Daryl Hill, who is a guide on The Wash, tells us the good and the bad about helping boaters across tidal waters
Daryl Hill on what it’s like to be a Wash pilot
1 What first attracted you to the waterways? A friend and his family had boats and I joined them for holidays and adventures.
Do you have a favourite canal or river? I don’t have vast experience of the inland waterways but I find the Nene (pronounced neen where I come from) very picturesque.
What do the waterways have to offer the country? A peaceful and friendly environment, mostly hidden from the modern pace of life, away from the hustle and bustle, even though it might only be yards away.
What do the waterways need most? Dredging!
5 Tell us about your boating experience. Forty years of messing about in small motor and sailing boats on tidal rivers and estuaries on the east coast. I had a couple of canal holidays on hire boats when my kids were young. I then progressed and got my Yachtmaster Offshore, Power and Sail Certificate and spent five years’ commercial service as coxswain on fast pilot vessels.
How did you come to be a pilot on The Wash? It was by accident really. I was collared by a chap with a young family with very limited experience who wanted to go from Sutton Bridge to King’s Lynn and it was obvious that, had he gone alone, he would not have made it, so I went along and as they say,“the rest is history’.
7 How long have you been a pilot? I have been guiding pleasure boats across The Wash and around the East Coast for more than 30 years.
Approximately how many boats a year do you guide across The Wash? Probably around 20. Sometimes it can be less, occasionally more. It gets difficult when they all want to go during the same week and from different ports.
Do you only work on The Wash, or do you pilot elsewhere? I will take estuary cruisers anywhere between the Humber and Lowestoft, but I prefer to drop anchor in my own bed nowadays.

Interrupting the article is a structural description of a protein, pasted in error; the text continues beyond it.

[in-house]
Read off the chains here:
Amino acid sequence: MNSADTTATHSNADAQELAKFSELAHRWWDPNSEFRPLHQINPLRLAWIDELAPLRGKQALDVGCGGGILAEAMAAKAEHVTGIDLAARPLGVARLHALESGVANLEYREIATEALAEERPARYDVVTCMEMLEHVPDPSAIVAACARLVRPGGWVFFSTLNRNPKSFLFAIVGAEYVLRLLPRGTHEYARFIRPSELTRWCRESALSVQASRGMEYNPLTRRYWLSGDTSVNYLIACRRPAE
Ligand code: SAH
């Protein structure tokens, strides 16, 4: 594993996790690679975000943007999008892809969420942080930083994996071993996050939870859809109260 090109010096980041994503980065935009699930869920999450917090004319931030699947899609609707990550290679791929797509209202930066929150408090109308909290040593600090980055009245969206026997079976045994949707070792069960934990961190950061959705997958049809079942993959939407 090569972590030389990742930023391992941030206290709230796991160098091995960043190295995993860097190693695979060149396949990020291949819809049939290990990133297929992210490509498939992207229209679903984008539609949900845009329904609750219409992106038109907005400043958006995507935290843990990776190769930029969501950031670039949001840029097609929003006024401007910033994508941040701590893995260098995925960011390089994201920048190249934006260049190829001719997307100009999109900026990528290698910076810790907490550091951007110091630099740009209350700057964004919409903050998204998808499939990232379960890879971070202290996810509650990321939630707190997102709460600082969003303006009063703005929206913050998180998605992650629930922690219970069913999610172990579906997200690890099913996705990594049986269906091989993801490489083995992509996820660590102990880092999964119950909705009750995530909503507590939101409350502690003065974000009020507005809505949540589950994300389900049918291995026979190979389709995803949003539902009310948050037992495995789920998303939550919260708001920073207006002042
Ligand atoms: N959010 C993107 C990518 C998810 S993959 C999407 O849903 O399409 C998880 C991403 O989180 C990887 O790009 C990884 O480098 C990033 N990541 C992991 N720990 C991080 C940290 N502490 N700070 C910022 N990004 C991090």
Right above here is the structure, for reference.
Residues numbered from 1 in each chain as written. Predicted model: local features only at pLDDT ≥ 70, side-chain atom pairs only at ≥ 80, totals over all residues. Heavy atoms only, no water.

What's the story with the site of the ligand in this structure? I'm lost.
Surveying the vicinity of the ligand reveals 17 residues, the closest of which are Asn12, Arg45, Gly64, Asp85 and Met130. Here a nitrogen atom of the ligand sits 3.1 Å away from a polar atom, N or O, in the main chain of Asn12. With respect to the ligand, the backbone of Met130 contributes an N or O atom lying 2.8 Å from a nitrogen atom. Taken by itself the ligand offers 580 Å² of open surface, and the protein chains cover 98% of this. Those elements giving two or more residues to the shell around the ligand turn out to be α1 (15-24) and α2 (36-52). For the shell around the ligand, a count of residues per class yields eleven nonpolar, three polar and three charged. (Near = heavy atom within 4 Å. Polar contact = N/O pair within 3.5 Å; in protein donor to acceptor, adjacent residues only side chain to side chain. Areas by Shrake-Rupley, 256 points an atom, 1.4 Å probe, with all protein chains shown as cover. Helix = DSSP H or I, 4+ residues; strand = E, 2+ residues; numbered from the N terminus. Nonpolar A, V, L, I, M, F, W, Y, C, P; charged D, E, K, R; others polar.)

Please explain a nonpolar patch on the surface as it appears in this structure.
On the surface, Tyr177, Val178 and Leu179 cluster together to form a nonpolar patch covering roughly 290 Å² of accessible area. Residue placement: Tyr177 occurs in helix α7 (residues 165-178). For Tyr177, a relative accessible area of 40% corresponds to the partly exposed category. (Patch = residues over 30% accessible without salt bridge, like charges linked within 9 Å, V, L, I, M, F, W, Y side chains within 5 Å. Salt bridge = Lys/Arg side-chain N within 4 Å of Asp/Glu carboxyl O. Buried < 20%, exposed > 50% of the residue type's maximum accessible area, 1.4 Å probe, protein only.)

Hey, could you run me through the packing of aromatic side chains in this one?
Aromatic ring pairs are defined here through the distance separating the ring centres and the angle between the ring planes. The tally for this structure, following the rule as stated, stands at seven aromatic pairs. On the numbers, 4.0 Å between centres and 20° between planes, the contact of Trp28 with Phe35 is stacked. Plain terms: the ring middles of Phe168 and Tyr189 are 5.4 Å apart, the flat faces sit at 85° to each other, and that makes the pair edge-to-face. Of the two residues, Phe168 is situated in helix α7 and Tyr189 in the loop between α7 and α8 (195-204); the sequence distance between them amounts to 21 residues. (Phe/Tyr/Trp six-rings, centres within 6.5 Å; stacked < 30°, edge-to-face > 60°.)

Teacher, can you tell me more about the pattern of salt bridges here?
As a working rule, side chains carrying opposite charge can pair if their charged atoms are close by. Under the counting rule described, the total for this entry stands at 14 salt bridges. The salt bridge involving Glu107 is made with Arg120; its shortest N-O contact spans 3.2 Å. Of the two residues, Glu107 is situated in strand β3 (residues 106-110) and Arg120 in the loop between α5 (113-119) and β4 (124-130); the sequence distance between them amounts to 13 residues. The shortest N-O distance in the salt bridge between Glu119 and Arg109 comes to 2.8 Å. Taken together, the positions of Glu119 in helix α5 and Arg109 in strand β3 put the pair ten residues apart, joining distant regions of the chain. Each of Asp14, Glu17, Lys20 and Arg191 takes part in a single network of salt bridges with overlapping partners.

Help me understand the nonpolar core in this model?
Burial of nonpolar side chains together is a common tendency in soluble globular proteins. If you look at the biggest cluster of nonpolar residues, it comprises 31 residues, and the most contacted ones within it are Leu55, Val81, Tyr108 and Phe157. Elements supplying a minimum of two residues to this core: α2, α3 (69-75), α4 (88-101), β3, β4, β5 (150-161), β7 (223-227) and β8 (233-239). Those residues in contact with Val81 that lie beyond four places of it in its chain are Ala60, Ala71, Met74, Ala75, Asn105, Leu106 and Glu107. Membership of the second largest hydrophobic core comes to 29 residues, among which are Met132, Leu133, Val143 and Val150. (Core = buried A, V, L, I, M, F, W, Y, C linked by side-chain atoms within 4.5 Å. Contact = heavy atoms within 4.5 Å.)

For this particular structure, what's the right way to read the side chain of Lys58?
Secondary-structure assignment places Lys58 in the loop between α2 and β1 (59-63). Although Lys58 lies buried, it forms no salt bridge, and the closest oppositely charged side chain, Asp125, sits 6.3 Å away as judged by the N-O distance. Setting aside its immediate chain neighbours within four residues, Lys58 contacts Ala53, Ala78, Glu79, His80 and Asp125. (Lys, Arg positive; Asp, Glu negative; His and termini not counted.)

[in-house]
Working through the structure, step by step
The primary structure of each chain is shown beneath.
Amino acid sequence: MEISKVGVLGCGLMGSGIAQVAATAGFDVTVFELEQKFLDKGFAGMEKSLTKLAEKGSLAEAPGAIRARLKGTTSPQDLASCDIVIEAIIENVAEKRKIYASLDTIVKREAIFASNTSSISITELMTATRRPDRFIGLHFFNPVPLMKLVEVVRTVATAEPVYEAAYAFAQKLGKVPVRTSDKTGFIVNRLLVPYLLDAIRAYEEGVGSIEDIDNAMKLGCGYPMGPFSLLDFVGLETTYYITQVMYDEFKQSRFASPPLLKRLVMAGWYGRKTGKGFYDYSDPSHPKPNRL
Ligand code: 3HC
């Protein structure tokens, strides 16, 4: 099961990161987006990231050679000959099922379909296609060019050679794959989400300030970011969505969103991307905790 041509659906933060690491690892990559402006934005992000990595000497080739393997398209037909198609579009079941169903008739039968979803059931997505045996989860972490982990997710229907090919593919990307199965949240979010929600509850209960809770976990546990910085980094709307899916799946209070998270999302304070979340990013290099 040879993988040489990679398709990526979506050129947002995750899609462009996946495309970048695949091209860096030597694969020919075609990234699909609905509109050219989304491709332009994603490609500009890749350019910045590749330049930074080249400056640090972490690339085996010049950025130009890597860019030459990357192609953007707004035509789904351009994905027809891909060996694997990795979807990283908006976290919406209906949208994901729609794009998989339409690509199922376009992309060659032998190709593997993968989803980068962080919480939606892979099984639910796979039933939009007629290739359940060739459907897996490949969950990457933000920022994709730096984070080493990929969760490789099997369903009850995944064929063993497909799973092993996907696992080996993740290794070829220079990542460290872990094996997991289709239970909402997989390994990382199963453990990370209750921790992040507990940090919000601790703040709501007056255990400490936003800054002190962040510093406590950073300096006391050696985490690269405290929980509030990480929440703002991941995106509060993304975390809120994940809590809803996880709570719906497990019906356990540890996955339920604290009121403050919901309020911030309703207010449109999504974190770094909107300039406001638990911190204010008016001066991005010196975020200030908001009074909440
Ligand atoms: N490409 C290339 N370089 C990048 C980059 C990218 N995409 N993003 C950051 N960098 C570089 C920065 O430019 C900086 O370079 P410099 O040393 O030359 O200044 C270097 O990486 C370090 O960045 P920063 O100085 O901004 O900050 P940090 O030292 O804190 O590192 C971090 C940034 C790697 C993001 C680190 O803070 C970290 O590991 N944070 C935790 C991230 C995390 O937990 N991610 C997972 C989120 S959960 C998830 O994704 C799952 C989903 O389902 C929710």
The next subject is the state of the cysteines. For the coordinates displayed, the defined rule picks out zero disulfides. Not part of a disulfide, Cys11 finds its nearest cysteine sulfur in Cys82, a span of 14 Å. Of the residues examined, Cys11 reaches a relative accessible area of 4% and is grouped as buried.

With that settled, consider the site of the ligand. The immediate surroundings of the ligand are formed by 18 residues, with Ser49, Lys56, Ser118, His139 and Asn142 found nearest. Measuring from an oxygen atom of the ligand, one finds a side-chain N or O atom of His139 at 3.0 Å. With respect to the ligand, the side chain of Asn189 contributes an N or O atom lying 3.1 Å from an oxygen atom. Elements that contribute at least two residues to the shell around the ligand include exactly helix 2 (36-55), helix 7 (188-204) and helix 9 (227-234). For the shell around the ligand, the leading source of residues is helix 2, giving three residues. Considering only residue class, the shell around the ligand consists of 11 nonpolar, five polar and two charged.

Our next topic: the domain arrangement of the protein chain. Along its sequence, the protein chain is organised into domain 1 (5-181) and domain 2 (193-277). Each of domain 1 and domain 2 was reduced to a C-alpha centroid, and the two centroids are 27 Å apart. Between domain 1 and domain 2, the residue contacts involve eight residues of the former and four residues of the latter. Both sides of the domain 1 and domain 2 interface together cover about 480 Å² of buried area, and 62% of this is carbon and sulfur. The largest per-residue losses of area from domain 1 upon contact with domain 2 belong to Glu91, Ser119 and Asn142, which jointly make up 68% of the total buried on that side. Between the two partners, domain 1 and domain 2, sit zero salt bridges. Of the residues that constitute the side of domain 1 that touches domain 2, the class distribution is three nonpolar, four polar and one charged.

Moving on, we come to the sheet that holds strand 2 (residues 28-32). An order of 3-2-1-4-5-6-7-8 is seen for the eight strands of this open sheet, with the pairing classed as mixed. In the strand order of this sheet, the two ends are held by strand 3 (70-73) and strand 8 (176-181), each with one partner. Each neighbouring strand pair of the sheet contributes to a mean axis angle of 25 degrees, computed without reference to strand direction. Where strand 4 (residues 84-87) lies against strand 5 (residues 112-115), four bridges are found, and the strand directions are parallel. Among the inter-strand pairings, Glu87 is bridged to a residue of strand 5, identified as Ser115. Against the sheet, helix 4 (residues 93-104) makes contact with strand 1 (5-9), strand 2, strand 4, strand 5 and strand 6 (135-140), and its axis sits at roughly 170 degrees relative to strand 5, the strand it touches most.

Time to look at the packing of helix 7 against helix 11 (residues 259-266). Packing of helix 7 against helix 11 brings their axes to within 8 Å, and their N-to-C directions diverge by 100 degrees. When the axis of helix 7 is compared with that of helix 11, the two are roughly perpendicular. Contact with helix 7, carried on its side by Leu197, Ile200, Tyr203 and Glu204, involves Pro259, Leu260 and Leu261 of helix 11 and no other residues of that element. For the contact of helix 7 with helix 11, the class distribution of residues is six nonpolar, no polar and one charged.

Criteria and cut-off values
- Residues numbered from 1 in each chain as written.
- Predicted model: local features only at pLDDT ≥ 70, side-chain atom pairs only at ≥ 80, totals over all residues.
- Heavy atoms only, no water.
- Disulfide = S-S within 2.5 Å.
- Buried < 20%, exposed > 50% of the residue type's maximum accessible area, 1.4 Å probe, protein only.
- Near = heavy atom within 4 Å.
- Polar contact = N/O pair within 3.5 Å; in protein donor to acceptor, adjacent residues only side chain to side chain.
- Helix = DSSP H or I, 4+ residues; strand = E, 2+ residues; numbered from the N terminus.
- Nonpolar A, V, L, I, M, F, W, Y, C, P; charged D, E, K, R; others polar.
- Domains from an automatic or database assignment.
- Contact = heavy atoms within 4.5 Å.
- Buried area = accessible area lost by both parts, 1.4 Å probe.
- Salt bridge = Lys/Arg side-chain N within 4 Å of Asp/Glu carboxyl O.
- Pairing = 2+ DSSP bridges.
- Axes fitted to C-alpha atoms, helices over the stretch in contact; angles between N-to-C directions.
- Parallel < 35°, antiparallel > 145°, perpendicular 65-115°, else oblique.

What do you enjoy most about your job? Seeing people’s concerns change to a sense of achievement when they have completed an open water passage from one port to another, often in their only home. Strong handshakes and appreciative kisses. Oh! And the bacon sandwiches.
And, is there anything you don’t like? North-easterlies and people that waste my time for eight months and pull out at the last minute saying: “Auntie Flo has just taken a turn for the worse.” Those who have genuine reasons, it’s not a problem, but if you have bottled it, just tell me so.
12 What do you think of the people you’ve met on The Wash? Mostly warm, interesting, diverse, appreciative. I don’t think you will find a better crowd than boaters.
Have you ever had the misfortune to fall in? Not for about 40 years, but I learned from it. You all know the scenario, one foot on each side of an ever widening gap. I also came very close to falling between a pilot boat and a ship doing about 10 knots, slipping as I was clipping on. I would most likely have been sucked through the ship’s prop. 14
Who would be your ideal cruising companion? My gorgeous other half of course. Who writes these questions?
What did you want to be aged 12? A Spitfire pilot.
What do you hope to be doing when you’re 70? Flying a Spitfire.
What are you reading at present? Winning His Wings by Percy F Westerman – a lieutenant in the RAF tells the true story of his exploits over the trenches of WW1.
Tell us about your spare time interests… Vintage aircraft and boys’ toys in general – but they are all broken. I can’t buy anything that is not broken or is about to break.
Where would you go on your dream holiday? Russia, but away from the tourists. Staying with real people. I normally find those with the least give the most.
What superpower would you like to have? Hypersonic flight (with the ability to go slowly, too).
‘Warm, interesting, diverse, appreciative’ DARYL HILL Wash Pilot
Daryl points the way across The Wash